Pressure Septic System

Septic tanks with gravity flow drainfields have been used for many years in areas not served by public sewers. Unfortunately, not all soil and site conditions are well suited for these conventional systems. To protect public health and water quality, alternative systems are often used in areas where conventional systems cannot assure safe sewage treatment.
A typical pressure distribution system has three working parts:
  • Dosing and resting cycles.
  • Uniform distribution of effluent.
  • Shallow placement of the drainfield.
Pressure System Installation - Stangland septic service in Aberdeen, WA
A typical pressure distribution system has three working parts:
  1. The septic tank.
  2. The pump chamber with the pump.
  3. The drainfield with its replacement area.
Pressure System Installation - Stangland septic service in Aberdeen, WA

The Septic Tank

Septic tank Installation - Pressure System Installation - Stangland septic service in Aberdeen, WA
The typical septic tank is a large buried container made of concrete, fiberglass or polyethylene. Wastewater from your home flows into the tank. Heavy solids settle to the bottom where bacterial action partially decomposes them. Most of the lighter solids, such as fats and grease, rise to the top and form a scum layer.

The wastewater leaving the septic tank is a liquid called effluent. It has been partially treated but still contains disease causing bacteria and other pollutants. From the tank, the effluent flows by gravity to the pump chamber.

The Pump Chamber

Pump Chamber - Pressure System Installation - Stangland septic service in Aberdeen, WA
The pump chamber is a concrete, fiberglass or polyethylene container that collects the septic tank effluent. The chamber contains a pump, pump control floats, and a high-water alarm float. The pump action can be controlled either by the use of control floats or by timer controls. Control floats are set to turn the pump “ON” and “OFF” at levels for pumping a specific volume of effluent per dose. Timer controls are set to produce both the length of the dose and the interval or rest period between doses.

The high water alarm float sounds an alarm to warn you of any pump malfunction. If pump timer controls are used, the alarm also will warn you of excessive water use in the home. The float is set to start when the effluent in the pump chamber rises above the “ON” float. The alarm should consist of a buzzer and an easily visible light. It should be on an electrical circuit separate from the pump.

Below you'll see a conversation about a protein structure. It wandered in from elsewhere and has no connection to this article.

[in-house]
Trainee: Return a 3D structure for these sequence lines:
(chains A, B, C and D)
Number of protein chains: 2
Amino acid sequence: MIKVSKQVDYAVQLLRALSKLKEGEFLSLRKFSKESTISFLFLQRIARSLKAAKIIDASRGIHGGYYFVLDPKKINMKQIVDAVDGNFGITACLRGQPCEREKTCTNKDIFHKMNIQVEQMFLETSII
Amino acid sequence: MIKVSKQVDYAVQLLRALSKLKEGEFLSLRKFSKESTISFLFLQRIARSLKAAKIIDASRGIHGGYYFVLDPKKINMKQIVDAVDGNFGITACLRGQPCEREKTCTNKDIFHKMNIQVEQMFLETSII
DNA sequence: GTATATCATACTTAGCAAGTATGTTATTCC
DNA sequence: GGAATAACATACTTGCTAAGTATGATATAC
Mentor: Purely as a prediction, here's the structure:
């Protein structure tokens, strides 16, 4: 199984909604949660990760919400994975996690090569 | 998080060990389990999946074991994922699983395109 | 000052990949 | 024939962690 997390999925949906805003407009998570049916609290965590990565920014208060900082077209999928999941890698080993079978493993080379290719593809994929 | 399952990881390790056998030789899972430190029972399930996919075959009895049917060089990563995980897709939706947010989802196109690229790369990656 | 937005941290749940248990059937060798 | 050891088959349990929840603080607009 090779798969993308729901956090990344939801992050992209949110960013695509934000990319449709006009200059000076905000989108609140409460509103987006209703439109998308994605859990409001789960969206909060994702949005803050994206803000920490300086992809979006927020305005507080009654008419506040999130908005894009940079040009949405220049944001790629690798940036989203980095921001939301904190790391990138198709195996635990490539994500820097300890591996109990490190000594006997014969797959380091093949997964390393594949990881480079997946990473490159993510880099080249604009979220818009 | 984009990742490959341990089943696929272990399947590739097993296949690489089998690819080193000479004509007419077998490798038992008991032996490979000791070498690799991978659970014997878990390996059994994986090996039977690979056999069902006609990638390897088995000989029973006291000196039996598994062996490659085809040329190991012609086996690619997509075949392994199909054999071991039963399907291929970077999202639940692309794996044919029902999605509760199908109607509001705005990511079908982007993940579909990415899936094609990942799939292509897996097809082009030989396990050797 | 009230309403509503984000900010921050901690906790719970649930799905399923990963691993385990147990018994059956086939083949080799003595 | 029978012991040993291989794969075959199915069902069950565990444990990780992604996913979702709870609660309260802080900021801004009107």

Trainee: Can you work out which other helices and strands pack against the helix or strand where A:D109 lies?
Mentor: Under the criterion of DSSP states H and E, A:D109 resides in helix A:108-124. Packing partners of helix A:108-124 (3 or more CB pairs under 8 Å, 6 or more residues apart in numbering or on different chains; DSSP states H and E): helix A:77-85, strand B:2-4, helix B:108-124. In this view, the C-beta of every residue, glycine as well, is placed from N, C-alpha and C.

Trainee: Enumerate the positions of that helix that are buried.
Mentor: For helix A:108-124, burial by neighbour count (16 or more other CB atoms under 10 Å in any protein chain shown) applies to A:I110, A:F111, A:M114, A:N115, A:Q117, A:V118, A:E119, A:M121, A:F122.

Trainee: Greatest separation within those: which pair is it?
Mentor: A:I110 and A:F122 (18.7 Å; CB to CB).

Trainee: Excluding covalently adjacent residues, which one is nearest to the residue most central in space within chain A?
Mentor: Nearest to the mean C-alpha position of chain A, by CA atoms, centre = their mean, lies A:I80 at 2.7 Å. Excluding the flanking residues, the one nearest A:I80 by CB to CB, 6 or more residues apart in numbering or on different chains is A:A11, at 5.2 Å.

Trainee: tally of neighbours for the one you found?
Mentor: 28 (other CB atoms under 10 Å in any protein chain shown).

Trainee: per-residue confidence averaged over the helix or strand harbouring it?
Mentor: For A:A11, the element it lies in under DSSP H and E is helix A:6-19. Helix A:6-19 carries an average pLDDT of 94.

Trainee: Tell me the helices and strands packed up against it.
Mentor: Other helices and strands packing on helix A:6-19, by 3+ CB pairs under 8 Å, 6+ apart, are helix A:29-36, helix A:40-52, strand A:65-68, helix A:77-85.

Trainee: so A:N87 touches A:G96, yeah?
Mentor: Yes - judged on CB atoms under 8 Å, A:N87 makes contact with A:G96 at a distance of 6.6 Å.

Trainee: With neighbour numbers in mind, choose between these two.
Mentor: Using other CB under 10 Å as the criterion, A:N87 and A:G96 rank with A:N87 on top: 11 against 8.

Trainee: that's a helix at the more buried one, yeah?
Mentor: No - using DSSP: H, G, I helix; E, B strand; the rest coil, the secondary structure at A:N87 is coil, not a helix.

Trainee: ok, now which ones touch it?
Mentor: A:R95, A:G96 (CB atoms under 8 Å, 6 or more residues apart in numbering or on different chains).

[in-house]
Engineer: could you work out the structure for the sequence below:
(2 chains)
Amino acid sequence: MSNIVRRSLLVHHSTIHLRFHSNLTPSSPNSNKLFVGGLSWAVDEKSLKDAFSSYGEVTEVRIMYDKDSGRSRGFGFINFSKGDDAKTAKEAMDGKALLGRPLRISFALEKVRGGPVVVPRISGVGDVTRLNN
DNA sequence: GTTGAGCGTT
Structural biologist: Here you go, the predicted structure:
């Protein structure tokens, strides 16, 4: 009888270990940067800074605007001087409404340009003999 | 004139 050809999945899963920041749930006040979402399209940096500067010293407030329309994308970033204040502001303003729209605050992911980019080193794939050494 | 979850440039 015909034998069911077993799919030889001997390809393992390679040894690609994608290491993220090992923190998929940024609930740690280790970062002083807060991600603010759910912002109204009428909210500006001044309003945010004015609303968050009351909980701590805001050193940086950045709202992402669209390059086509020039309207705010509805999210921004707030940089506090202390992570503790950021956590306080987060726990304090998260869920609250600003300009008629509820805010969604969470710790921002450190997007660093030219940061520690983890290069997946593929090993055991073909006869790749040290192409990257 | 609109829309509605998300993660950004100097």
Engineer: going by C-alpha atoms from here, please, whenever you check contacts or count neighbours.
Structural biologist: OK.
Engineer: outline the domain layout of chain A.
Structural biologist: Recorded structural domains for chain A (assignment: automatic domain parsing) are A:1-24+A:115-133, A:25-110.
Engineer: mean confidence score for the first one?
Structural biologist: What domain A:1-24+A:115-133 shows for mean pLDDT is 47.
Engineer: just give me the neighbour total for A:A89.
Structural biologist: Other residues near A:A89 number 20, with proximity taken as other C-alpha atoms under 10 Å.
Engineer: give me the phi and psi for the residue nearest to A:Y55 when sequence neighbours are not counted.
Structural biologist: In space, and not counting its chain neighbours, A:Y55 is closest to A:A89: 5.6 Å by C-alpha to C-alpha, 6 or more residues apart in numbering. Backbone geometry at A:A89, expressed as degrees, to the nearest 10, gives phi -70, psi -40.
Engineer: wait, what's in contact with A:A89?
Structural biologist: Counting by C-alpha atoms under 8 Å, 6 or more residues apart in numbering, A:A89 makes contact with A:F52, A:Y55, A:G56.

The pump discharge pipe should have a union and valve for easy removal of the pump. A piece of nylon rope or other noncorrosive material should be attached to the pump for taking the pump in and out of the chamber.

The Drainfield

Drain-Field - Pressure System Installation - Stangland septic service in Aberdeen, WA
The drainfield is a network of pipes placed in gravel-filled trenches (2–3 feet wide) or beds (up to 10 feet wide) in the soil. Effluent is pumped through the pipes in controlled doses to insure uniform distribution throughout the drainfield. The effluent leaves the pipes under low pressure through small diameter holes, and trickles downward through the gravel where it reaches the soil. The soil filters and treats the effluent, removing bacteria and other pollutants before it reaches the groundwater. Every new drainfield is required to have a designated replacement area. It must be protected should that the existing system need an addition or repair.

What if the Alarm Sounds?

If for any reason the effluent level inside the pump chamber reaches the alarm float (faulty pump, floats, circuit, excessive water use, or another problem), the alarm light and buzzer will start. By using water conservatively (avoid baths, showers, and clothes washing), the reserve storage in the pump chamber should allow you enough time to get the problem corrected. To silence the alarm, push the reset light on the alarm panel. Before calling for service or repair, check to see if the problem could be:

  1. A tripped circuit breaker or blown fuse. The pump should have a separate circuit with its own breaker or fuse. If it's on a circuit with other equipment, that equipment can cause the breaker to trip.
  2. A pump or float switch power cord that has come unplugged. If electrical connections are the plug-in type, be sure switch and pump plugs are making good contact in the outlet.
  3. Control floats tangled by other parts in the chamber such as the electric power cord, lifting rope, or pump screen. Be sure floats operate freely in the chamber.
  4. Debris on floats and support cable that is causing the pump to switch off. Lift the floats out of the chamber and clean.

CAUTION: Always turn off the power supply at the circuit breaker and unplug all power cords before handling the pump or floats. Do not enter the pump chamber. Gases inside pump chambers are poisonous and the lack of air can be fatal. If the problem cannot be located with the above steps, call your pump service person or on-site system contractor for service or repair. The service or repair of pumps and other electrical equipment must be done by an experienced person.